Today, we have the relatively new 64-slice CAT scanner, allowing people to walk into a scanning center and leave less than an hour later with complete, detailed pictures of their hearts or even their whole bodies. The 64-slice CAT scan takes thousands of images of the heart in just a few seconds, allowing a cardiologist to see detailed images of a patient’s heart and how it is functioning.7-9 Soon, the 128-slice CAT scan will be widely available, and even more precise machines are in the works.
It is important to know that these whole-body scans, which have never been approved by the FDA, are available without a doctor’s prescription and have been heavily promoted through media advertising, endorsed by prominent physicians, and even highlighted on Oprah Winfrey’s TV show. A Time magazine cover story in 2005 summed it up: “How New Heart-Scanning Technology Could Save Your Life.”10 The rush was on for everyone to get 64-slice whole-body scans—even on an annual basis—to make sure nothing was wrong with them or to catch anything wrong in its early, treatable stages.
Risk Versus Benefit
I have no problem with CAT scans for patients who truly need these tests, such as those who show up in an emergency room with crushing chest pain. Using a 64-slice CAT scanner and other imaging modalities can help us make a very rapid diagnosis of whether or not these patients have blockages in their arteries causing a heart attack, blood clots in their lung, or dissection of their aorta.11 In situations like these, CAT scans can unquestionably be life-savers.
In medicine, we are taught to use the “risk-benefit ratio,” a guide in helping us decide what intervention is appropriate for each patient and each situation. Cases like those in an emergency room, where a patient has obvious, life-threatening symptoms, require doctors to find out what’s going on as quickly and accurately as possible, in order to select the most appropriate treatment. In these instances, the obvious benefits of getting information from a CAT scan clearly outweigh any risks to the patients.
My quarrel is not with such life-saving situations for patients with critical symptoms, but with the new concept of using these tests as mass screening procedures for people who have no symptoms and just want to find out what’s going on inside their bodies, whether due to their own curiosity or a recommendation by health care professionals.12,13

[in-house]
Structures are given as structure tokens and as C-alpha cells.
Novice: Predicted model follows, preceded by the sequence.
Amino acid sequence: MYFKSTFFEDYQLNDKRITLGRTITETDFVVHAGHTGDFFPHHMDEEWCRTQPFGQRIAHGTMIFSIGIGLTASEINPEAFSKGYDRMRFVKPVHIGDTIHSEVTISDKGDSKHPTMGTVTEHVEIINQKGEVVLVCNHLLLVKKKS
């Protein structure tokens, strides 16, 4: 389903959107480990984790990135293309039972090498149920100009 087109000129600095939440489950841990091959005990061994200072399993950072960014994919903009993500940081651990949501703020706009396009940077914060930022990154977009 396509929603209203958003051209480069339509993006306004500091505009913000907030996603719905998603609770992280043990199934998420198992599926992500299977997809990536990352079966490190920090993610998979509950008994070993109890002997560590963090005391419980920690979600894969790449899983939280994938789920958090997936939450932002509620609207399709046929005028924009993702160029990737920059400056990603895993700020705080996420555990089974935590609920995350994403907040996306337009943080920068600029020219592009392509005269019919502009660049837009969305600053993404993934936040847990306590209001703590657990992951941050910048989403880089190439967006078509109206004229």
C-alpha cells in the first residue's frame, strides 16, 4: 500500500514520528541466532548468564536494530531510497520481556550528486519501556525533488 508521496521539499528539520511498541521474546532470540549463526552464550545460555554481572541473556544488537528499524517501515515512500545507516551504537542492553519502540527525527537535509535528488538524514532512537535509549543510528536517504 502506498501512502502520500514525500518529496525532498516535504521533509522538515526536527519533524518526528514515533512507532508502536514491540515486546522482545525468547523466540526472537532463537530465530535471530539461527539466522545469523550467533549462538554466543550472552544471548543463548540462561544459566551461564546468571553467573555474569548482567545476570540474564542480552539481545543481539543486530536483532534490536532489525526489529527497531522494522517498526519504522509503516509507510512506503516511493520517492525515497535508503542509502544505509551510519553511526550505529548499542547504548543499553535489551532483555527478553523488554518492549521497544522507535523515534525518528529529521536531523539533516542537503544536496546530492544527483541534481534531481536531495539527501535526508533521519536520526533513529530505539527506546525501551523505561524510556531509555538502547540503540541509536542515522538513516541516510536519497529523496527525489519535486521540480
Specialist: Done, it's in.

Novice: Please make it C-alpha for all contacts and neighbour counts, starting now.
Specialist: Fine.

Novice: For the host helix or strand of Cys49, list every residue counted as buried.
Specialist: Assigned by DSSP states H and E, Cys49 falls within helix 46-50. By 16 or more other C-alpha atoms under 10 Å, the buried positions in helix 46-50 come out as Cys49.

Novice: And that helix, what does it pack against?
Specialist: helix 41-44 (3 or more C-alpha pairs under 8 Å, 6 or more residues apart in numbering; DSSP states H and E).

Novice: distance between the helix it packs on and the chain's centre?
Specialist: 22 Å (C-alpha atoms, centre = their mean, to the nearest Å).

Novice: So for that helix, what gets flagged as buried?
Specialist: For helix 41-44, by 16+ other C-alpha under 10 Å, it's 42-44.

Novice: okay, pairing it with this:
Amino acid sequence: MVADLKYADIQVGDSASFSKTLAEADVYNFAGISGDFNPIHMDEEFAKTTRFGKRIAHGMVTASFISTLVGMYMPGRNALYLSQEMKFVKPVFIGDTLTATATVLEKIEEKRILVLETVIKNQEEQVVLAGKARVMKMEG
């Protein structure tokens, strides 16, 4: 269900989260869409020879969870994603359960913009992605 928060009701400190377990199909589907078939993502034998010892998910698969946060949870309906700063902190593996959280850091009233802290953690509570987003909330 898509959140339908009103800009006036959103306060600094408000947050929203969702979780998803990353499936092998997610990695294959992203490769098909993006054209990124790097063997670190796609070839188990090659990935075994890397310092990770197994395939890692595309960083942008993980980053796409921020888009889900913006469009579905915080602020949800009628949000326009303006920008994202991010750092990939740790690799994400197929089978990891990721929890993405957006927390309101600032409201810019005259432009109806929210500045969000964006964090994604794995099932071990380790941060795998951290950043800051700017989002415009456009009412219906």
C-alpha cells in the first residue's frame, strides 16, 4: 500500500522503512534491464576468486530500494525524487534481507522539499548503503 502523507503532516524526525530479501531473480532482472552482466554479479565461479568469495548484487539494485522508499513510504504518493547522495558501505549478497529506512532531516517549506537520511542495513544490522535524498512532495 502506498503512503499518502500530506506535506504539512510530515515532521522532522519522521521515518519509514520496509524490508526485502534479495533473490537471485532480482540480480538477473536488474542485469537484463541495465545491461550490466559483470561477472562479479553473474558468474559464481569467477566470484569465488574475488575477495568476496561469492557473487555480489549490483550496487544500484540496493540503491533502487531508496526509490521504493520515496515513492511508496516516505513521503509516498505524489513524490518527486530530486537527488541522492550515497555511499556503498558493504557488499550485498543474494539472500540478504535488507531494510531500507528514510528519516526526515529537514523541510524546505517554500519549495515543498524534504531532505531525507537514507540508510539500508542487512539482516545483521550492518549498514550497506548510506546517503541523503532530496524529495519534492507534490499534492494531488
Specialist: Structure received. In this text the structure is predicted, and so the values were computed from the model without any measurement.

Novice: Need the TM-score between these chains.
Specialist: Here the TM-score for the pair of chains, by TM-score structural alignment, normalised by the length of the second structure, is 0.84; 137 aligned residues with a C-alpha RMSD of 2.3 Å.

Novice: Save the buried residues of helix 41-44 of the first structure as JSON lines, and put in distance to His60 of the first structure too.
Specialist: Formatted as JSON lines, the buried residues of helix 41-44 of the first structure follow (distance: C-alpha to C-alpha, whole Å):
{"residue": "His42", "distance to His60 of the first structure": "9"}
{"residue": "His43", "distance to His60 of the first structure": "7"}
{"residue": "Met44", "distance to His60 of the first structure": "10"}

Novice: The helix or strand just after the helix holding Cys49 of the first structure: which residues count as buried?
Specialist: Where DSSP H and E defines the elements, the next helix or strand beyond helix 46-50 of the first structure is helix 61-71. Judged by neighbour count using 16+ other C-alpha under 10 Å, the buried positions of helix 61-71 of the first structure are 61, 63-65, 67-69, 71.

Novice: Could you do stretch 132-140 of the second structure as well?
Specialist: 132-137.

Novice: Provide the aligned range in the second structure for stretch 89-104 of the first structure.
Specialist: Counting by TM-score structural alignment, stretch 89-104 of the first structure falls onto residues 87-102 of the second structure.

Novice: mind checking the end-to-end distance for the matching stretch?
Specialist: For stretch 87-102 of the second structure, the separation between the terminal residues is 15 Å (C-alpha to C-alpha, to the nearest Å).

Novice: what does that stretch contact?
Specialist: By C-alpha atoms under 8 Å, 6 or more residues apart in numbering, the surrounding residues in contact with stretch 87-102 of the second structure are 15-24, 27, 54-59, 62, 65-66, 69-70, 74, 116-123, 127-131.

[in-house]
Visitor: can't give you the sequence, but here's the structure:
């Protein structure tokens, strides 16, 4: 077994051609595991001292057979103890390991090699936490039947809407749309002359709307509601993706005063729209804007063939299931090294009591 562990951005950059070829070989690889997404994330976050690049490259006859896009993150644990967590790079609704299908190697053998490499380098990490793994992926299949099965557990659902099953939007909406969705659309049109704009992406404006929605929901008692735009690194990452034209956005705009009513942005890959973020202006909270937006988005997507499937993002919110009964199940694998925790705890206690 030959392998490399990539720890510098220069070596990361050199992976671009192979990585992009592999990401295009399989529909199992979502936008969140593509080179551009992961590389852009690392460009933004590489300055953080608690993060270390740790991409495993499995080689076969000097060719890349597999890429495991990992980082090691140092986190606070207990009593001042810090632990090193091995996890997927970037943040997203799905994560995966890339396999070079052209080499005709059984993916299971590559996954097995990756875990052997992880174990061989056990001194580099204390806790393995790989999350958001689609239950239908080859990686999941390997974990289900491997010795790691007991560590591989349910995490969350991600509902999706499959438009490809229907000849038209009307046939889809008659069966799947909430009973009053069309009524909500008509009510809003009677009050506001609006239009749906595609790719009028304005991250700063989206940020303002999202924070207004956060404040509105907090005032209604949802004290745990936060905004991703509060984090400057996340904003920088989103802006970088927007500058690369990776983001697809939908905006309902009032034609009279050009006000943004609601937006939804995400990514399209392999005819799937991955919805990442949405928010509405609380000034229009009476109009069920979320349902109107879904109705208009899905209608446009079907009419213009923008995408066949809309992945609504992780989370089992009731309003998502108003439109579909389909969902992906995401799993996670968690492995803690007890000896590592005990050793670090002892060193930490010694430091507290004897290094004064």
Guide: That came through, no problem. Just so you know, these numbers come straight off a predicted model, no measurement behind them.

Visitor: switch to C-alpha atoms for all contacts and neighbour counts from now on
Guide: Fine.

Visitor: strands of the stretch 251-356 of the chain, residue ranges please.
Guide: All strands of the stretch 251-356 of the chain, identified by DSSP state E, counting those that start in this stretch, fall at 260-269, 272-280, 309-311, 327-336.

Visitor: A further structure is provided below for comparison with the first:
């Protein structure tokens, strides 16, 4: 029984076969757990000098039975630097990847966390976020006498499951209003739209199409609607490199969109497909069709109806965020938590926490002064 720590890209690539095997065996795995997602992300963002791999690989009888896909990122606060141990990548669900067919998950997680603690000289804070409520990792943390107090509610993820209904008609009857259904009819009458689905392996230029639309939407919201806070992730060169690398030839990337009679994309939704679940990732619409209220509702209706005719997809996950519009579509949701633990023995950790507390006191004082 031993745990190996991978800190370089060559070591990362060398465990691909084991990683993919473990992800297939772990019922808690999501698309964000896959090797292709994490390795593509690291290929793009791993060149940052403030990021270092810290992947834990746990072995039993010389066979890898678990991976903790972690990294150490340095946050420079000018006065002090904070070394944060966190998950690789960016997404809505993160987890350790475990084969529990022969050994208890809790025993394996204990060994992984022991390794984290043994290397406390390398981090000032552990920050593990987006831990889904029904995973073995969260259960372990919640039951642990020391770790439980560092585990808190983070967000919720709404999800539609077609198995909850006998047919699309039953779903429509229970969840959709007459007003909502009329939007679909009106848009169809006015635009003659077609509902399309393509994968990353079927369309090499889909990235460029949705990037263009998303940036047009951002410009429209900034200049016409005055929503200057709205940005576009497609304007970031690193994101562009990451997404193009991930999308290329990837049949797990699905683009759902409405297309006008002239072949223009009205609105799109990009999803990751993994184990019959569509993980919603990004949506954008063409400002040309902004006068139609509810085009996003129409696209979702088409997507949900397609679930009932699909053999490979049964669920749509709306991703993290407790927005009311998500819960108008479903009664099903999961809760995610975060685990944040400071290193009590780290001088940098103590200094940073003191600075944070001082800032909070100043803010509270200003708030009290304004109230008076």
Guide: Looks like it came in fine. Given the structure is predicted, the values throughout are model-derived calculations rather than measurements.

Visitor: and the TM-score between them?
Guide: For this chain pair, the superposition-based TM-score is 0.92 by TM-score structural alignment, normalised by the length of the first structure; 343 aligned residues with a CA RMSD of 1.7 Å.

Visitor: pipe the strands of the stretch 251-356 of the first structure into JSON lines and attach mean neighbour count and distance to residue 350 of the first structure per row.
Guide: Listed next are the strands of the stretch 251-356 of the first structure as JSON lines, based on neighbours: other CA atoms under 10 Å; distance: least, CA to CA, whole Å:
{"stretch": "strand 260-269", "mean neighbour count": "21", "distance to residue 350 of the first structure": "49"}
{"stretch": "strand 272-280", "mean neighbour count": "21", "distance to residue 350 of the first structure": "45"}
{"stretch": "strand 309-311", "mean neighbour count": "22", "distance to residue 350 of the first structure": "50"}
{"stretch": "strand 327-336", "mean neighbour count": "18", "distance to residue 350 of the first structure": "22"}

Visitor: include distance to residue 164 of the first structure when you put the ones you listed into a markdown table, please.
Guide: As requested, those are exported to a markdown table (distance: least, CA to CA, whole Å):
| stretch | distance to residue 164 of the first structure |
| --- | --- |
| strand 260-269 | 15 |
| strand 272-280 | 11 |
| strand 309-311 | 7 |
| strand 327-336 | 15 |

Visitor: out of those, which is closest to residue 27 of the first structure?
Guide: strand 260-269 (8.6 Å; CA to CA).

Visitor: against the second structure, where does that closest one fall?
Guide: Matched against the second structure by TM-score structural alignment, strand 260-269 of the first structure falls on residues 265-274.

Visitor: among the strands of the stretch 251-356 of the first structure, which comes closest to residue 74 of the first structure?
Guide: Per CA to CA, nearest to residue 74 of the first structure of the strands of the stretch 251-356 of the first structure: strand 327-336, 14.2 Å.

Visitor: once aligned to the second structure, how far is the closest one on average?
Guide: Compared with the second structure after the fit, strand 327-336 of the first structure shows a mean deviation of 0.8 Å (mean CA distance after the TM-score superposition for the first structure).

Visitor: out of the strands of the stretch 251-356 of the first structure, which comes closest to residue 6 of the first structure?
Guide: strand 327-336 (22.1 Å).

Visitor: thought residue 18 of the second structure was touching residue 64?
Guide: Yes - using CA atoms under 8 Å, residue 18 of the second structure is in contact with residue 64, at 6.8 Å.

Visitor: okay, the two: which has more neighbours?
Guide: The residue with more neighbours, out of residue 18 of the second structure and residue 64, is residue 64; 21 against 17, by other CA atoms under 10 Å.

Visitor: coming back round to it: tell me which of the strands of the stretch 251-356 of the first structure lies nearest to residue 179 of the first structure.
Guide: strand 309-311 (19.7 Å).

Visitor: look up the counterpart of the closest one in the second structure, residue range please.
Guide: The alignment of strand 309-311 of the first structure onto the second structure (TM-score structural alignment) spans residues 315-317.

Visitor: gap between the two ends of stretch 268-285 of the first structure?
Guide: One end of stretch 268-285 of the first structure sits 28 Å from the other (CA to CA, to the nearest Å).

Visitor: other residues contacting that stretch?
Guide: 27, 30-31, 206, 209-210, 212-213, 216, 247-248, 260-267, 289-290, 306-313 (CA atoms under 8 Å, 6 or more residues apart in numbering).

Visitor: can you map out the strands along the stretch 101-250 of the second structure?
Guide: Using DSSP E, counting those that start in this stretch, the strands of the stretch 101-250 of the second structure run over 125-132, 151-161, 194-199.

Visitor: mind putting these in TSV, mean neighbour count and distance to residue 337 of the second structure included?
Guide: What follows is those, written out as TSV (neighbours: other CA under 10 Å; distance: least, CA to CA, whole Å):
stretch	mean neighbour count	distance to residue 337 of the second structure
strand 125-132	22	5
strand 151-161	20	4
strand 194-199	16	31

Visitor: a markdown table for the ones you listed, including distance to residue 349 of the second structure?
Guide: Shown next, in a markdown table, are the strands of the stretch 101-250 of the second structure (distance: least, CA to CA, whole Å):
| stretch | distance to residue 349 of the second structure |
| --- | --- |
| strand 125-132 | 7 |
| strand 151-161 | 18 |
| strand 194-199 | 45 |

The Dangers of Radiation
There are many problems with the widespread use of CAT scans for screening those without symptoms, but the most serious is the radiation that produces cumulative effects on our bodies. CAT scans are not simple chest X-rays that deliver a small amount of radiation. Instead, they deliver a significant amount of radiation exposure to the patient and, as we know, radiation has been shown to increase the risk of cancers, such as leukemia or breast cancer.14
We all receive “natural background radiation,” that is, radiation from the sun, radon gas, rocks in the ground, cosmic rays, food, and other sources in our daily lives that usually can’t be avoided. Measured in units called “millisieverts” (mSv), we can compare this natural radiation to the radiation we get from man-made sources, such as medical tests.15 For instance, a chest X-ray provides about 0.02 mSv or the equivalent of 2.4 days of natural background radiation; a CAT scan of the abdomen provides about 10.0 mSv, the equivalent of 500 chest X-rays or 3.3 years of natural background radiation.2 What is of great concern is that a 64-slice whole-body CAT scan may deliver 15 mSv for men and 21 mSv for women (women’s denser body tissue and breasts require higher doses to get clear images), the equivalent of well over 750 chest X-rays.2,16 This is a significant difference, especially when you realize that the radiation you are receiving produces cumulative effects in your body.
As discussed in a June 19, 2007 article by Roni Caryn Rabin in The New York Times, recent studies indicate that Americans’ lifetime per-capita dose of ionizing radiation increased 600% between 1980 and 2006, with the bulk of this increase attributed to diagnostic imaging procedures.17 The World Health Organization, Centers for Disease Control and Prevention, and the National Institute of Environmental Health Sciences have all classified X-rays as carcinogens, based on the fact that they have been linked to leukemia and cancers of the breast, lungs, and thyroid.
The risk of a fatal cancer from a chest X-ray has been estimated as one in a million or more, which is very remote. But the risk of a fatal cancer in a person who had a CAT scan providing 10 mSv of radiation is dramatically increased and estimated to be one in 2,000.2 As a way of comparison, Japanese survivors of the atomic bomb explosions at Hiroshima and Nagasaki, who have been found to face an increased risk of developing a fatal cancer, received on average a dose of between 5 and 20 mSv, with some as high as 50 mSv.1 Since radiation exposure from all sources accrues over a lifetime, it’s clear that we’re going to quickly exceed the radiation exposure at Hiroshima and Nagasaki, and that CAT scans administered simply for screening purposes are exposing the American public to significant amounts of radiation, with the long-term risk of potentially fatal cancer.